Sunday, March 27, 2016

Quaking aspen finally flowering

Quaking aspen (Populus tremuloides) makes one of the earliest moves in spring, producing catkins like the fuzzy things on pussy willow.  (Aspens and willows are in the same family.)  But it has taken until now for those catkins to lengthen into dangling flower clusters and get down to business.  My visit to the weedy stand of trees at the edge of the empty parking lot (beside D'Angelo's) at the top of West St. yesterday showed good many catkins shedding pollen.  This pollen drifted off on the breeze to (hopefully) female flowers on other trees, ensuring future generations of quaking aspens on the west side.  (A place to look for bigger trees is the edge of Poliseno Field at the high school.)

Many buds had opened to reveal downy catkins more than two weeks ago.

What the catkins looked like inside: each tiny green bump is a single flower; 
a catkin has many hundreds.

 Yesterday the lengthening catkins were shedding pollen as they swayed in the breeze.

Flowering catkins up close.  The buds always seem to me to look like shiny brown beetles.

I help spread the pollen!  See it drifting off?

Meanwhile, the alder at the high school pond is about done (the male catkins dried out and darkened), silver maples (Acer saccharinum) have dropped their male flowers, leaving the females to develop their winged seeds, while red maples (Acer rubrum)--including later-blooming males--are now in full flower.  I was surprised yesterday to come upon a couple of yews (bright green evergreens with broad, flat needles often pruned into yard bushes) shedding pollen from little, ball-shaped cones.  I hadn't realized any local conifer* "bloomed" this early.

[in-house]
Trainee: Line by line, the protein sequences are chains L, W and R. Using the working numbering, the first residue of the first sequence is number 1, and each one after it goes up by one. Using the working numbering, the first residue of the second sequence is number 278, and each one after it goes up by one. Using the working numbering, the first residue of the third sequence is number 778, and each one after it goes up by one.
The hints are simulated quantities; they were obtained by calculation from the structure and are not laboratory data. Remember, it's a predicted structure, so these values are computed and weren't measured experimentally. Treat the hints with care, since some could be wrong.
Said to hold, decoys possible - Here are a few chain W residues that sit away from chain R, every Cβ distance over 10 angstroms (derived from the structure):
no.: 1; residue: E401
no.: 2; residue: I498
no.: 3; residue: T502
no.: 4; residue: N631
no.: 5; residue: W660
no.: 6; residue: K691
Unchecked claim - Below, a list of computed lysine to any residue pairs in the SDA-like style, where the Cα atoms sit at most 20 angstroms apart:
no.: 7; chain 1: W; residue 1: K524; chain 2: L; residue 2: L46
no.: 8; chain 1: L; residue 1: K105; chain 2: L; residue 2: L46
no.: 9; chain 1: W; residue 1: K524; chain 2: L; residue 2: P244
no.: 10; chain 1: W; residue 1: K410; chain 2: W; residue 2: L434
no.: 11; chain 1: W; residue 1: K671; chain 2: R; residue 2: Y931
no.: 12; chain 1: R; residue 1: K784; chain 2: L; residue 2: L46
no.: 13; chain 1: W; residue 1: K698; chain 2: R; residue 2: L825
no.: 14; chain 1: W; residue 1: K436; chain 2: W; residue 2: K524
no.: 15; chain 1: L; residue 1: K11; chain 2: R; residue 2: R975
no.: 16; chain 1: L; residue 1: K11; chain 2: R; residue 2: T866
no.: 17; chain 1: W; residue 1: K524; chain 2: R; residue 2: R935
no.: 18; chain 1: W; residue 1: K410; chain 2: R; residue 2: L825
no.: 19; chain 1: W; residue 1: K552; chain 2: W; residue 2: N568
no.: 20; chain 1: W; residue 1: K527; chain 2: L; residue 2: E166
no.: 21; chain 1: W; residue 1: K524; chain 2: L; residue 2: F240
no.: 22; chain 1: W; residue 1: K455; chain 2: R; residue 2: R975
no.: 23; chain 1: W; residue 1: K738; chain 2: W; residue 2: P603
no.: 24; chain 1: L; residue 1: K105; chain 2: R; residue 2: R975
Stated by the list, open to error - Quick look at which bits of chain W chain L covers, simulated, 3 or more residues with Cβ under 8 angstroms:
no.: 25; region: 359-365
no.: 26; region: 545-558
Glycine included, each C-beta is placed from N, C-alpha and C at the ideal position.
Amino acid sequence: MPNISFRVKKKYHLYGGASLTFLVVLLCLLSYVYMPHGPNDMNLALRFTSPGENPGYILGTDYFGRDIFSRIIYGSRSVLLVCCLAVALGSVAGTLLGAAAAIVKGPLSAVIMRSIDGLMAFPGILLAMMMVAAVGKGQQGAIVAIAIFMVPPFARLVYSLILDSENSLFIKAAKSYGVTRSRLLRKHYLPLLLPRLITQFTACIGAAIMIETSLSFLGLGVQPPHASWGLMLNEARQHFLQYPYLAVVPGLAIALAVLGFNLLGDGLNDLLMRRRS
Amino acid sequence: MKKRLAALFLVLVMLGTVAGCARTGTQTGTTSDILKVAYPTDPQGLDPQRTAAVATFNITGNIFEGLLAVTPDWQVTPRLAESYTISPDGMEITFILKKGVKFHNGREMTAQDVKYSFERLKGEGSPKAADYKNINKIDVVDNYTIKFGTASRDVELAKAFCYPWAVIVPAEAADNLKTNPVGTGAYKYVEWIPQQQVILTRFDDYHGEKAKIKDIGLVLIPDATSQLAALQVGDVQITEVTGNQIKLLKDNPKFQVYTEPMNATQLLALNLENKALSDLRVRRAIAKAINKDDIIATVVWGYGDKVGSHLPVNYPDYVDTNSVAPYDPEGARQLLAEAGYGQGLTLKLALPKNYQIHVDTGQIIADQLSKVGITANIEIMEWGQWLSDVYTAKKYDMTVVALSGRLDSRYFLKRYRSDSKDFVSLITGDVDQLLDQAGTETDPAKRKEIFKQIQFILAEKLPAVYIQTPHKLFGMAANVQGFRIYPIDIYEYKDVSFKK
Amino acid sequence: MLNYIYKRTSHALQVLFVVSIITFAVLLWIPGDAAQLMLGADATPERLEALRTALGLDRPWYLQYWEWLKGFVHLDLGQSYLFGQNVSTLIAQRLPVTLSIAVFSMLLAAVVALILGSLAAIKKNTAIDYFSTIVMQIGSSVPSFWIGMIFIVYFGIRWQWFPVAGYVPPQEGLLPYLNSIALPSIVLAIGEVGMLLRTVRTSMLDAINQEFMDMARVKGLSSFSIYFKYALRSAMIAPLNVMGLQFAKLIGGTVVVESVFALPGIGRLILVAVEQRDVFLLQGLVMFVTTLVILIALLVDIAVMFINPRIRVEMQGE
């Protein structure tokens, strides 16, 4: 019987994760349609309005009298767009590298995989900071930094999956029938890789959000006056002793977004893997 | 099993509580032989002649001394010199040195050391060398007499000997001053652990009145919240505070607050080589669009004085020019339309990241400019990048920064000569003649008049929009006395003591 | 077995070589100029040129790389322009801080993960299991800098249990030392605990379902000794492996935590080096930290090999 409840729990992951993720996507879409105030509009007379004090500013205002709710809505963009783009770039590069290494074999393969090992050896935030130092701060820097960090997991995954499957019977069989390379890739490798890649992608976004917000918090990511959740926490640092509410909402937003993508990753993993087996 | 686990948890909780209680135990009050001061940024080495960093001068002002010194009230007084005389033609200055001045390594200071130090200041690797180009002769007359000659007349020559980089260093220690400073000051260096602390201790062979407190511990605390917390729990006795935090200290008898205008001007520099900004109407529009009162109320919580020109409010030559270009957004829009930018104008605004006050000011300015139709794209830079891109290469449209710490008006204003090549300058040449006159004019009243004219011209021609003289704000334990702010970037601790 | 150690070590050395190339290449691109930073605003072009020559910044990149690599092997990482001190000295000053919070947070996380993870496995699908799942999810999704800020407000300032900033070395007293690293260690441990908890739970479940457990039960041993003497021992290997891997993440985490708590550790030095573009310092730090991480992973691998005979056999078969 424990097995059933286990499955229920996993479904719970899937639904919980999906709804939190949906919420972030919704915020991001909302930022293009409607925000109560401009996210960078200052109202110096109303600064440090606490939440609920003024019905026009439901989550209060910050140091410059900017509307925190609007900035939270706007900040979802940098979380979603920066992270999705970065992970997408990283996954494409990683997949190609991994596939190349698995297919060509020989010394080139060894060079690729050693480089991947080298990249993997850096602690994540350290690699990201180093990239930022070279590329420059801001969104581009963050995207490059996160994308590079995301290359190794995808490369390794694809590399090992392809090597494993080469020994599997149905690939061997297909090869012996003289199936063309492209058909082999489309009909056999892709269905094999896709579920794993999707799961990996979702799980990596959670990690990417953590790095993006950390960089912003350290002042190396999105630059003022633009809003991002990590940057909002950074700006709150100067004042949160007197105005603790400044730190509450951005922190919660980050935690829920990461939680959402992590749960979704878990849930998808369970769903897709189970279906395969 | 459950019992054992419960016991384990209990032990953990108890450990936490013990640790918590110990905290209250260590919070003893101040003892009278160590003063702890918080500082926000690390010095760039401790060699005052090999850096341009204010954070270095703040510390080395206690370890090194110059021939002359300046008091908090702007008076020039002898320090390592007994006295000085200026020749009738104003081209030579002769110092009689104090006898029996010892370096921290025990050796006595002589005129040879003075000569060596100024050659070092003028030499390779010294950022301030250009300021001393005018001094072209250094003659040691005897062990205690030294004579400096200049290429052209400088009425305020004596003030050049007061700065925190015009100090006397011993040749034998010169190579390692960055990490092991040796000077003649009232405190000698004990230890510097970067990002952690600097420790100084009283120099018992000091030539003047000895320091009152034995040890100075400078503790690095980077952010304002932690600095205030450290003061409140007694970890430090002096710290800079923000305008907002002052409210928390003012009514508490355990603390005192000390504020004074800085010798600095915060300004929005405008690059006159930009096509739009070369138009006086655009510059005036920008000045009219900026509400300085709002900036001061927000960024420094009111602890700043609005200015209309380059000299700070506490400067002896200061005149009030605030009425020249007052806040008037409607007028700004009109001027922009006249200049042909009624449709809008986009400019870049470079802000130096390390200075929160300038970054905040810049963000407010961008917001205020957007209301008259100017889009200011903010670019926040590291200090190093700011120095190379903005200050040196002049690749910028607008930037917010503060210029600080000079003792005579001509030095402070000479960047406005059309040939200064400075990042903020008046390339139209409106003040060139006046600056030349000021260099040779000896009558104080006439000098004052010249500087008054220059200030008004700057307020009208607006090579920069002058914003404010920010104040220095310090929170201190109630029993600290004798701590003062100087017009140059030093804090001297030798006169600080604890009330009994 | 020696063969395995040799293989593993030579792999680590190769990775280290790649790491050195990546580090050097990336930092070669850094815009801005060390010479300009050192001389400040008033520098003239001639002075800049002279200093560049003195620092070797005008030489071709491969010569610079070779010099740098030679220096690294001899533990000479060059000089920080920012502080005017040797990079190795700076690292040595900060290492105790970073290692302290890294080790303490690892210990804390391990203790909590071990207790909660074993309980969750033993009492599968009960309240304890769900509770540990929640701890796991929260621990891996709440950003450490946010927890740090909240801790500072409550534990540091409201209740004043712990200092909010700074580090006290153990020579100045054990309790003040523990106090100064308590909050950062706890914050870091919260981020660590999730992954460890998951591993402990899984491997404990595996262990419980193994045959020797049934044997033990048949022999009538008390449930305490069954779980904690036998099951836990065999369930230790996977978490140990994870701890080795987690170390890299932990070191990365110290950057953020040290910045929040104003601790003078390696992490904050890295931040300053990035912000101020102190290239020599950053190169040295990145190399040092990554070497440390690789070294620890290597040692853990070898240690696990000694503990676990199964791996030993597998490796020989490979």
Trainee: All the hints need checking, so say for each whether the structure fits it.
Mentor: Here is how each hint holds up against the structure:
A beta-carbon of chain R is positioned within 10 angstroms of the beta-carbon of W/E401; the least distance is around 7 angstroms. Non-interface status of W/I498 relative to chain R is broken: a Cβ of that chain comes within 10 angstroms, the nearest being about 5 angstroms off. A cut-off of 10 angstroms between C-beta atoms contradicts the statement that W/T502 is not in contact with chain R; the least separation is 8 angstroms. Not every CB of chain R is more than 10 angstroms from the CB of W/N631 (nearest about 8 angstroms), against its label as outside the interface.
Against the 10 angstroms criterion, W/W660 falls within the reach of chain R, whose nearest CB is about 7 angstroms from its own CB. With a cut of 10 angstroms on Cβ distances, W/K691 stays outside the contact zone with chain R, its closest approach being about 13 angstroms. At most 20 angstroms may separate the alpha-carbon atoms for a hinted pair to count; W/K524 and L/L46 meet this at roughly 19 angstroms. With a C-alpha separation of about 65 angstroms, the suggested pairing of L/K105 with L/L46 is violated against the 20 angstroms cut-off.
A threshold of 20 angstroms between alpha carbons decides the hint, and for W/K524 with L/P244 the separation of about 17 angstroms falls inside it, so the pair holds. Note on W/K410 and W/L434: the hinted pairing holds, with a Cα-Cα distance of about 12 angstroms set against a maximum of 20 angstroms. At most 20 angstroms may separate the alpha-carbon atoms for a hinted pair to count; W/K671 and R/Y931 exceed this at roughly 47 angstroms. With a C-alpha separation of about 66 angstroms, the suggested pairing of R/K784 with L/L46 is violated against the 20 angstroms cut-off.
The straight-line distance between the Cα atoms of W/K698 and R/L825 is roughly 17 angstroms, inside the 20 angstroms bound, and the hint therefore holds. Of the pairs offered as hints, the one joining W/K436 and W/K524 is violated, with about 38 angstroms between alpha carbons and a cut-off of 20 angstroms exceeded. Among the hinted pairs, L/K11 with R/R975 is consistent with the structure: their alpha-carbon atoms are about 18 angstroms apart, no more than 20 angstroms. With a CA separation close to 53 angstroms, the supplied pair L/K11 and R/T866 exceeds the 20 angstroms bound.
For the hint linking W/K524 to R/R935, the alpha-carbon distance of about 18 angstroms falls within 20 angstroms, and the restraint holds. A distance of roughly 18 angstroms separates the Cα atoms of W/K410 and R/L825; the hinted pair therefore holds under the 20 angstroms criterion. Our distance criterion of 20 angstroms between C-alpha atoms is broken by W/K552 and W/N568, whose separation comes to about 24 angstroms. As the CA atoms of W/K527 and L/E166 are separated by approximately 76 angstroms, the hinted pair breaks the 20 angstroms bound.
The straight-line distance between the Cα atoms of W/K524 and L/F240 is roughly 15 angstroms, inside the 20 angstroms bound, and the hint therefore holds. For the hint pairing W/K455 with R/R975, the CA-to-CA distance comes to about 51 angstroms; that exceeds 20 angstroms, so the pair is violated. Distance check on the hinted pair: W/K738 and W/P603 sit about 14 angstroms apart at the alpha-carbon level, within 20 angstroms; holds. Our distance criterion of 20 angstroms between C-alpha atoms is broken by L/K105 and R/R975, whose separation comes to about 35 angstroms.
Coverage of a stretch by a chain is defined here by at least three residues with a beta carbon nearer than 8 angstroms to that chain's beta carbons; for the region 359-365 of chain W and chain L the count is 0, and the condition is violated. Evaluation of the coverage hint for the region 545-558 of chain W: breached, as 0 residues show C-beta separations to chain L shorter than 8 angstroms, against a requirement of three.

The alders on the banks of the high school pond look dried-out--not like a week or so ago.

 Fallen male silver maple flowers, and remaining female flowers.

 Red maple female flowers (above), and male flowers (below).

 Though commonly planted and pruned, yew (Taxus canadensis) is a native tree.  
The little yellow balls are male cones shedding pollen.

*If you've seen the juicy, bright red "berries" of yew in fall, you'd be entitled to doubt it was a conifer at all, but each "berry" surrounds a tiny round cone.  Another conifer that disguises its cones is juniper, which coats its tiny, berry-like cones with blue-white wax.

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